Osteopathy is a system of manual medicine developed in the late 1800s in the United States by Dr Andrew Taylor Still.
Osteopaths are most interested in the musculo-skeletal system and how it effects our health, our mobility our pain and therefore our quality of life. When it comes to the actual treatment, no two osteopaths treat exactly the same way.
The basic tenants of osteopathy are that the body is a single unit, structure and function are inter-related, the body is always trying to heal itself, and good circulation is essential for healthy tissues.
In a practical sense it means you need to keep your joints as flexible as possible, your bones properly aligned, and your soft tissues supple and strong. (By soft tissues I mean your muscles, tendons, fascia and ligaments).
Modern medicine tends to separate the body into a multitude of systems. The various medical specialities each focus on one of these. Heart, skin, circulation, gut, gynae, orthopedics, neurology, etc. This creates extreme levels of expertise in particular areas but tends to veer away from the big picture. The interconnectedness of it all.
Osteopaths specialty is looking at how the various parts interact with, and effect, each other. Particularly, how the musculo-skeletal system effects pain, mobility, the nervous system and the organs, and visa versa.
The structure of your body reflects and effects its function. How well it moves has a huge effect on how well it works. For example, if you have a stiff hip, you will not be able to walk or stand on it as comfortably or for as long as you used to. Sooner or later it will start to hurt. The stiffer it gets, the worse it works and the more it hurts.
Stiff sore joints eventually become arthritic. Long standing arthritis will damage or destroy a joint.
Above and below
If a joint, say your hip, is stiff it has to effect the parts above and below it. The knee and the low back. So a pain in the knee may be caused by strain and stiffness in the hip above it.
If that’s the case, just treating the knee will not fix it because the problem is actually in the hip. Often if the hip gets sorted out the pain in the knee will disappear without any direct treatment on it.
Another example is the connection between your spine and your organs. Most of the nerves that go to your organs come out of your spine. If there is a problem in the spine at the point where a particular nerve exits, that nerve may be compressed or inflamed. This can effect how well the nerve works and if that happens the organ or muscle that nerve goes to may not function as well as it should.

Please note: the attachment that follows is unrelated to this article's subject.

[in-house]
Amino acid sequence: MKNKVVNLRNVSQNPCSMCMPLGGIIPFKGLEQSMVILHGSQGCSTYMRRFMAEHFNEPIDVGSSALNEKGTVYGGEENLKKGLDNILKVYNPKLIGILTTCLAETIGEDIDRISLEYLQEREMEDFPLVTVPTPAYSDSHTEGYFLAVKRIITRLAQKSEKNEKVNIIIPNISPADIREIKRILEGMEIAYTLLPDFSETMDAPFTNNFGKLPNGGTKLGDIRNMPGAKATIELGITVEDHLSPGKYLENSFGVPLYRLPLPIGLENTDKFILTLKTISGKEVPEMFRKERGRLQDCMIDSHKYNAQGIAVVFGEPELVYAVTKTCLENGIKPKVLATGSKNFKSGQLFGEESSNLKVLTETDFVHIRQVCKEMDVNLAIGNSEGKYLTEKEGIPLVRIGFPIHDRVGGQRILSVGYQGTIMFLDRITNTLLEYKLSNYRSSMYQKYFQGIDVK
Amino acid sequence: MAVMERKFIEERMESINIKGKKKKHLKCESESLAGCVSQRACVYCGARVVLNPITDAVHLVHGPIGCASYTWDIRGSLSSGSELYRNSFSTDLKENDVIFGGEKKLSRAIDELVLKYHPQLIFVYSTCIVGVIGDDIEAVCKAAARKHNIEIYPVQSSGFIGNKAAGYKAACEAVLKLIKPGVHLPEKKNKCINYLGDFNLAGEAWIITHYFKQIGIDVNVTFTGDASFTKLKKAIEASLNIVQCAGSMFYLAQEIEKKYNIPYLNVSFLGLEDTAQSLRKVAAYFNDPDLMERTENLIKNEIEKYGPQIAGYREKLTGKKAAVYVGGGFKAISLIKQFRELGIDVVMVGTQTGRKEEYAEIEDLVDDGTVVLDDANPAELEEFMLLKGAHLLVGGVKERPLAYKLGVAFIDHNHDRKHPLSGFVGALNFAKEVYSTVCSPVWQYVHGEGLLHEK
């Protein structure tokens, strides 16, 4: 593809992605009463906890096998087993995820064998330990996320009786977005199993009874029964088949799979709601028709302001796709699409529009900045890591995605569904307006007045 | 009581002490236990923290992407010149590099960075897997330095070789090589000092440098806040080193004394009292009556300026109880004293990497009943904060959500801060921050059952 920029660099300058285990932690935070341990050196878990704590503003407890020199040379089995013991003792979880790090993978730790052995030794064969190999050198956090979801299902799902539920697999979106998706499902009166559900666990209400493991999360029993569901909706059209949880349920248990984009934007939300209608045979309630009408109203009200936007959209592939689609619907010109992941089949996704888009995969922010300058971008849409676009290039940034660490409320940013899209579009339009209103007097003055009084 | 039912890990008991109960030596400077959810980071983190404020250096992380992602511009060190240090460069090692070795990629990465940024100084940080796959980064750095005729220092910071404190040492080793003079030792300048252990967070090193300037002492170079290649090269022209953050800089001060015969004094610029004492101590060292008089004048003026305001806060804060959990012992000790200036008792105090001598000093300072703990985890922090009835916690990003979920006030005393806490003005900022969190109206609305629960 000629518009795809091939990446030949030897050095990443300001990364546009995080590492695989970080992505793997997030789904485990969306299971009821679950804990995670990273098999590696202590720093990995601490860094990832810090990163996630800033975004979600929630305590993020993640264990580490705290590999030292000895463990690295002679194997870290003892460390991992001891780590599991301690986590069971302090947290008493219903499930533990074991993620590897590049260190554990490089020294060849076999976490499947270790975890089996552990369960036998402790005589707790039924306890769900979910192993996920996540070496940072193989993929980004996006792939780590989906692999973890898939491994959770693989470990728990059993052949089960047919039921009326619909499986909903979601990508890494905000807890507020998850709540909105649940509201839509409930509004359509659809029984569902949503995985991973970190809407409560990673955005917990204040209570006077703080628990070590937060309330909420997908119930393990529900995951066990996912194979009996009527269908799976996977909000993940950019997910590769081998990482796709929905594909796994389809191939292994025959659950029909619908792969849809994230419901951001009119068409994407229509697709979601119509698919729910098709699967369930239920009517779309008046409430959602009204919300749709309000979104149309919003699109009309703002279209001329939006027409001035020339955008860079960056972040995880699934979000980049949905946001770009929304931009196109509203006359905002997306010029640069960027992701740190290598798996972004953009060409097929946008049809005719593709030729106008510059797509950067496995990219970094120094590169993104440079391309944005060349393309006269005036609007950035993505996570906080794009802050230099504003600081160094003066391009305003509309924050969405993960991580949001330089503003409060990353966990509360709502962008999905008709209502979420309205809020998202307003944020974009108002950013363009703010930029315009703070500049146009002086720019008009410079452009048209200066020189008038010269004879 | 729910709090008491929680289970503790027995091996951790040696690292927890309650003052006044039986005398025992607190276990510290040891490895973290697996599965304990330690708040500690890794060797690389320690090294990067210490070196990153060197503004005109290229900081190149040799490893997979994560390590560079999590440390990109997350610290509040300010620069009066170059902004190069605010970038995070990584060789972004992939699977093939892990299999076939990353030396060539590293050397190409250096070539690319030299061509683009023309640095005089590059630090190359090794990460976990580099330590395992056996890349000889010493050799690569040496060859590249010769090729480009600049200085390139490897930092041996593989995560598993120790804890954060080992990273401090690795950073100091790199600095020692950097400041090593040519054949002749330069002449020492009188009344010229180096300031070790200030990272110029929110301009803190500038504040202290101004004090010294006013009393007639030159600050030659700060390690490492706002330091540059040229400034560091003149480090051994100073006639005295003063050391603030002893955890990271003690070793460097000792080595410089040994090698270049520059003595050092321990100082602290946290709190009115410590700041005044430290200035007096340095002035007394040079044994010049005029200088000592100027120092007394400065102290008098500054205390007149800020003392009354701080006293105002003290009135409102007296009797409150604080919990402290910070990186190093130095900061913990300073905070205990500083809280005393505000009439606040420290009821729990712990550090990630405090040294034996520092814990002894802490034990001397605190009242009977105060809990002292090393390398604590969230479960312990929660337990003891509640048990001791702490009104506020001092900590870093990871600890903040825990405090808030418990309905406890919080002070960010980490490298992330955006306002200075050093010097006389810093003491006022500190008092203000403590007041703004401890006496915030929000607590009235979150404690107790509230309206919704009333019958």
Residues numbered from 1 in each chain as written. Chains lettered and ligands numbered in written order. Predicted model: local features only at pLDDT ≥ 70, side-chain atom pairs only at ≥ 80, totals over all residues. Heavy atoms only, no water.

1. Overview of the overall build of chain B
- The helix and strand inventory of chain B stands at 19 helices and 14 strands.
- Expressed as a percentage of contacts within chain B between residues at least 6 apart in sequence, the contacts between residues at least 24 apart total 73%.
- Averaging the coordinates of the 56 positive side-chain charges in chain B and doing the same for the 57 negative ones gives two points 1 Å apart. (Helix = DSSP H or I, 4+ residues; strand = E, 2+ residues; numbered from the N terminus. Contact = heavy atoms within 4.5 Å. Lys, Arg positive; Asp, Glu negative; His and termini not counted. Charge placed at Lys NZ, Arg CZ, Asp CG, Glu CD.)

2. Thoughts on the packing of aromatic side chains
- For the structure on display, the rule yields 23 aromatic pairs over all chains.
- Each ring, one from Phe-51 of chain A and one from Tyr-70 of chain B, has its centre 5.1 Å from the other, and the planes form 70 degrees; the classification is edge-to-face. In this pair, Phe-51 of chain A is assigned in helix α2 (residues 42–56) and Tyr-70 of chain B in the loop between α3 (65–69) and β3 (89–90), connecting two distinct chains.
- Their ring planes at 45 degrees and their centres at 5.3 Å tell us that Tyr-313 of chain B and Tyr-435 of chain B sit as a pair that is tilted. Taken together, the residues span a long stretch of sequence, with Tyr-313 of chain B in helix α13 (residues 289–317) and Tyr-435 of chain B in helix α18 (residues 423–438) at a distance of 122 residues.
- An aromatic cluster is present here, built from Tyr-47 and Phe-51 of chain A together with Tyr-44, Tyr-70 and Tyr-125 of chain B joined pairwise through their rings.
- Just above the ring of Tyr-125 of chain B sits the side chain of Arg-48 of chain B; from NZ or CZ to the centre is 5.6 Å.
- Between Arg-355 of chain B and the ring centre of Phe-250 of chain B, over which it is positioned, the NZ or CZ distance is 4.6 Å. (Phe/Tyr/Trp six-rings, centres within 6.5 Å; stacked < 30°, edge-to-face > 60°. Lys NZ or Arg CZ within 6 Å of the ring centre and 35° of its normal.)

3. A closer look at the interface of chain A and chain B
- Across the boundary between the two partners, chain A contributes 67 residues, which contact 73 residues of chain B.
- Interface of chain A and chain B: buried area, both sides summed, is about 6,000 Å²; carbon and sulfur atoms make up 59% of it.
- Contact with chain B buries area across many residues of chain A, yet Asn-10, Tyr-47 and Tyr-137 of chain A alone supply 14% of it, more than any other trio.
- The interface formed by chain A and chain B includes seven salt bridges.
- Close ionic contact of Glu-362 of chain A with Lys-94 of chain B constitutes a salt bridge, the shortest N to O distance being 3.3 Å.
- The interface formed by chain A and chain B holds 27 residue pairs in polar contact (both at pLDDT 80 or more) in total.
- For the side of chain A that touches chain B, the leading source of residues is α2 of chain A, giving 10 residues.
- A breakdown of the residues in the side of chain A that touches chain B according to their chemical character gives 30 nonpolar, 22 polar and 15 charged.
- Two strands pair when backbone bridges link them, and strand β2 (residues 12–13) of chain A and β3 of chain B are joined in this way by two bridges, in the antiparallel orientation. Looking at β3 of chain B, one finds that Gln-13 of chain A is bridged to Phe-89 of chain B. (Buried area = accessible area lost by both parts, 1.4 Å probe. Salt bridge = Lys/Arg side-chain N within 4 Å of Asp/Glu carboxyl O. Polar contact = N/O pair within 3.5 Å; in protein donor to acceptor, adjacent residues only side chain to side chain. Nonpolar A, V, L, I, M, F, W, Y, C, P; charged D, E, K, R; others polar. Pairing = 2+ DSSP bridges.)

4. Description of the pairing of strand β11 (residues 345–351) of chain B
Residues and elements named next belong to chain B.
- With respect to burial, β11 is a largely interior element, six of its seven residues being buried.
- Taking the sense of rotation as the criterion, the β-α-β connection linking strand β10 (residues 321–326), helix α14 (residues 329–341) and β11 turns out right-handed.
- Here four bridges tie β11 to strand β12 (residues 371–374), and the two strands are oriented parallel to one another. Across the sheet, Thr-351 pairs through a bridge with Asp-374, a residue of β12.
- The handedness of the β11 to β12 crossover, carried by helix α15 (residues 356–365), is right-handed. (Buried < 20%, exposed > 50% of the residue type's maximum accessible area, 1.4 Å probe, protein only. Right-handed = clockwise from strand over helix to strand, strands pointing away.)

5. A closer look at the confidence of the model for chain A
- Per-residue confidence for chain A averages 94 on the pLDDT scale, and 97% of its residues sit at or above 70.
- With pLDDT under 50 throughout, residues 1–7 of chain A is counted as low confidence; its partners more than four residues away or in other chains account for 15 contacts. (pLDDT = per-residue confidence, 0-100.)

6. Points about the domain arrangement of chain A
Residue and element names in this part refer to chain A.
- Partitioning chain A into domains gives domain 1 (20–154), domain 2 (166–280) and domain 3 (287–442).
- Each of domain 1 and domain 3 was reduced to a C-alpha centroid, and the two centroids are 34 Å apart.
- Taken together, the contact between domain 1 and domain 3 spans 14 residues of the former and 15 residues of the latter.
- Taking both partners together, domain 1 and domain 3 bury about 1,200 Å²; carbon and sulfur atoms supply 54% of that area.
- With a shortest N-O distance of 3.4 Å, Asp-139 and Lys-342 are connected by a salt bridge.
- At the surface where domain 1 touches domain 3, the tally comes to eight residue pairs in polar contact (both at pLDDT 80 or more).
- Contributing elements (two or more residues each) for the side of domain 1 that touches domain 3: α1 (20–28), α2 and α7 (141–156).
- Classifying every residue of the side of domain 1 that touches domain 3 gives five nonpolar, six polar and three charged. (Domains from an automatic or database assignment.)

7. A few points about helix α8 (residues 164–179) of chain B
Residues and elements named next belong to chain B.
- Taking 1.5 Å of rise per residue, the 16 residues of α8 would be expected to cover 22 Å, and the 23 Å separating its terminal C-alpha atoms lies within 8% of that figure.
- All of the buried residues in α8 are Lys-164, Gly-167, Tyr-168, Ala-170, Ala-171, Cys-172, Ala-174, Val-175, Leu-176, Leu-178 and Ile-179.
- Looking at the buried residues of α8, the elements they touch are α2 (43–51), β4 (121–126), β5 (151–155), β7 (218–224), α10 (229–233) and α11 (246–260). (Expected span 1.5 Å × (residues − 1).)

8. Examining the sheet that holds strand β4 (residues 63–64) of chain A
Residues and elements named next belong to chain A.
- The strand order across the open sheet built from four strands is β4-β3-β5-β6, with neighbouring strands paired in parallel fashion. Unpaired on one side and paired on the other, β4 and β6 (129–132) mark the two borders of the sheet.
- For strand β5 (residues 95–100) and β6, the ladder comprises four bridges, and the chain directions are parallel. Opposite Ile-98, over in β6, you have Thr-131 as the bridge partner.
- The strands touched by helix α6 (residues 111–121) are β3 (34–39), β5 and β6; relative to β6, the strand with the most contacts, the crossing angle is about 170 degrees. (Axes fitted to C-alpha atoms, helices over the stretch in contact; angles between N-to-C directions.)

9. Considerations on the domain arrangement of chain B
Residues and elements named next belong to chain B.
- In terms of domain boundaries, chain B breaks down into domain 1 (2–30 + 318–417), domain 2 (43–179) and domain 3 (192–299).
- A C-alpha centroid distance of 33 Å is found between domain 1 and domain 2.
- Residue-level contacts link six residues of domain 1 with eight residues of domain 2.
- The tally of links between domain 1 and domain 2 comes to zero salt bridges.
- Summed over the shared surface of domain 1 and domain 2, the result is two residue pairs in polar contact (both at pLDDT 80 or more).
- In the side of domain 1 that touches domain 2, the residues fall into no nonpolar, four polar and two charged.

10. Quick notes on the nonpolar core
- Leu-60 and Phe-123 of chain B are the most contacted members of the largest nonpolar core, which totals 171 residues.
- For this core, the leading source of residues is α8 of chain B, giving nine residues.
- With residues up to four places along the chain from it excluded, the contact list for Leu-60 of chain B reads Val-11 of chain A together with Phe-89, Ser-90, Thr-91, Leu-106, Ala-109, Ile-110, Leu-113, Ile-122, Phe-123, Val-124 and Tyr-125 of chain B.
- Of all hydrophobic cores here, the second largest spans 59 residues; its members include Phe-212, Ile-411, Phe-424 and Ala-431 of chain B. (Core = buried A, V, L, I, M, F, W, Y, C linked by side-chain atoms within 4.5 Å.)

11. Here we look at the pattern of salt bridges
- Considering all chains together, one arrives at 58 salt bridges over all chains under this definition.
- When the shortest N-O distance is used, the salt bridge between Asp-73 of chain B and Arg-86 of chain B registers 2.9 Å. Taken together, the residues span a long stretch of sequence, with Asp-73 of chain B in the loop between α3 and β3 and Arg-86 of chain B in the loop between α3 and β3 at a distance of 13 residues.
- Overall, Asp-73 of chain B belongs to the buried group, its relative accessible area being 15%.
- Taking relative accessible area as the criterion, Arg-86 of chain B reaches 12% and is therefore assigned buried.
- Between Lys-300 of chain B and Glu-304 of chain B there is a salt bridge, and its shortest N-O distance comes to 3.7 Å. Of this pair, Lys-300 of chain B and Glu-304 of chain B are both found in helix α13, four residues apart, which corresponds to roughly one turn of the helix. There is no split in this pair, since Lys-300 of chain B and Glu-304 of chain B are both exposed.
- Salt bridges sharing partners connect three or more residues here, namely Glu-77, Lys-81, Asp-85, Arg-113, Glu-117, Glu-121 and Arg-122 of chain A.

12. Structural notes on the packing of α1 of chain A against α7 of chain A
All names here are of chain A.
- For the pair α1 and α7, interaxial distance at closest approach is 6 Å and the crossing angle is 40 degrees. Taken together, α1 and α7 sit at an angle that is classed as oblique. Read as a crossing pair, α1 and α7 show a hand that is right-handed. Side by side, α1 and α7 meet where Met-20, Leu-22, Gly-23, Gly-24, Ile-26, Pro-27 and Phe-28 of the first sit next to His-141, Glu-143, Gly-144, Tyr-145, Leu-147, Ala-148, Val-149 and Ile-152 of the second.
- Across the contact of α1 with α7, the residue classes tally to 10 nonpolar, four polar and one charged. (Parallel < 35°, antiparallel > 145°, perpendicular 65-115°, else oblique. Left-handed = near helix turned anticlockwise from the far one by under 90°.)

This can effect any organ but typically effects the lungs, gastro-intestinal tract, indigestion and constipation, and reproductive systems, especially women’s, to give them troublesome periods and fertility issues.
Because information travels both ways in the nervous system, problems with organs can also refer pain to the spine or legs. When this happens the organ dysfunction needs to be addressed to make the back or leg pain to settle down.
‘The rule of the artery is supreme’ is one of osteopathy’s original sayings. Virtually all of our tissues require an endless supply of blood passing right by every cell, delivering oxygen and nutrients, and removing waste.
When this supply is compromised, tissue health declines. Two major factors in this supply of blood are the nerve supply to the blood vessels themselves and the external pressure exerted on those blood vessels by the structures around it.
Mobilize, realign, release
Osteopathy aims to mobilize joints, realign bones and release soft tissue tension, imbalance and strain. By normalizing the structure, we normalize the function. Structure and function. Quid pro quo.
In the States osteopathy is a part of the medical system. Your doctor is either an M.D., medical doctor, or a D.O., doctor of osteopathy. It may be hard to tell the two apart.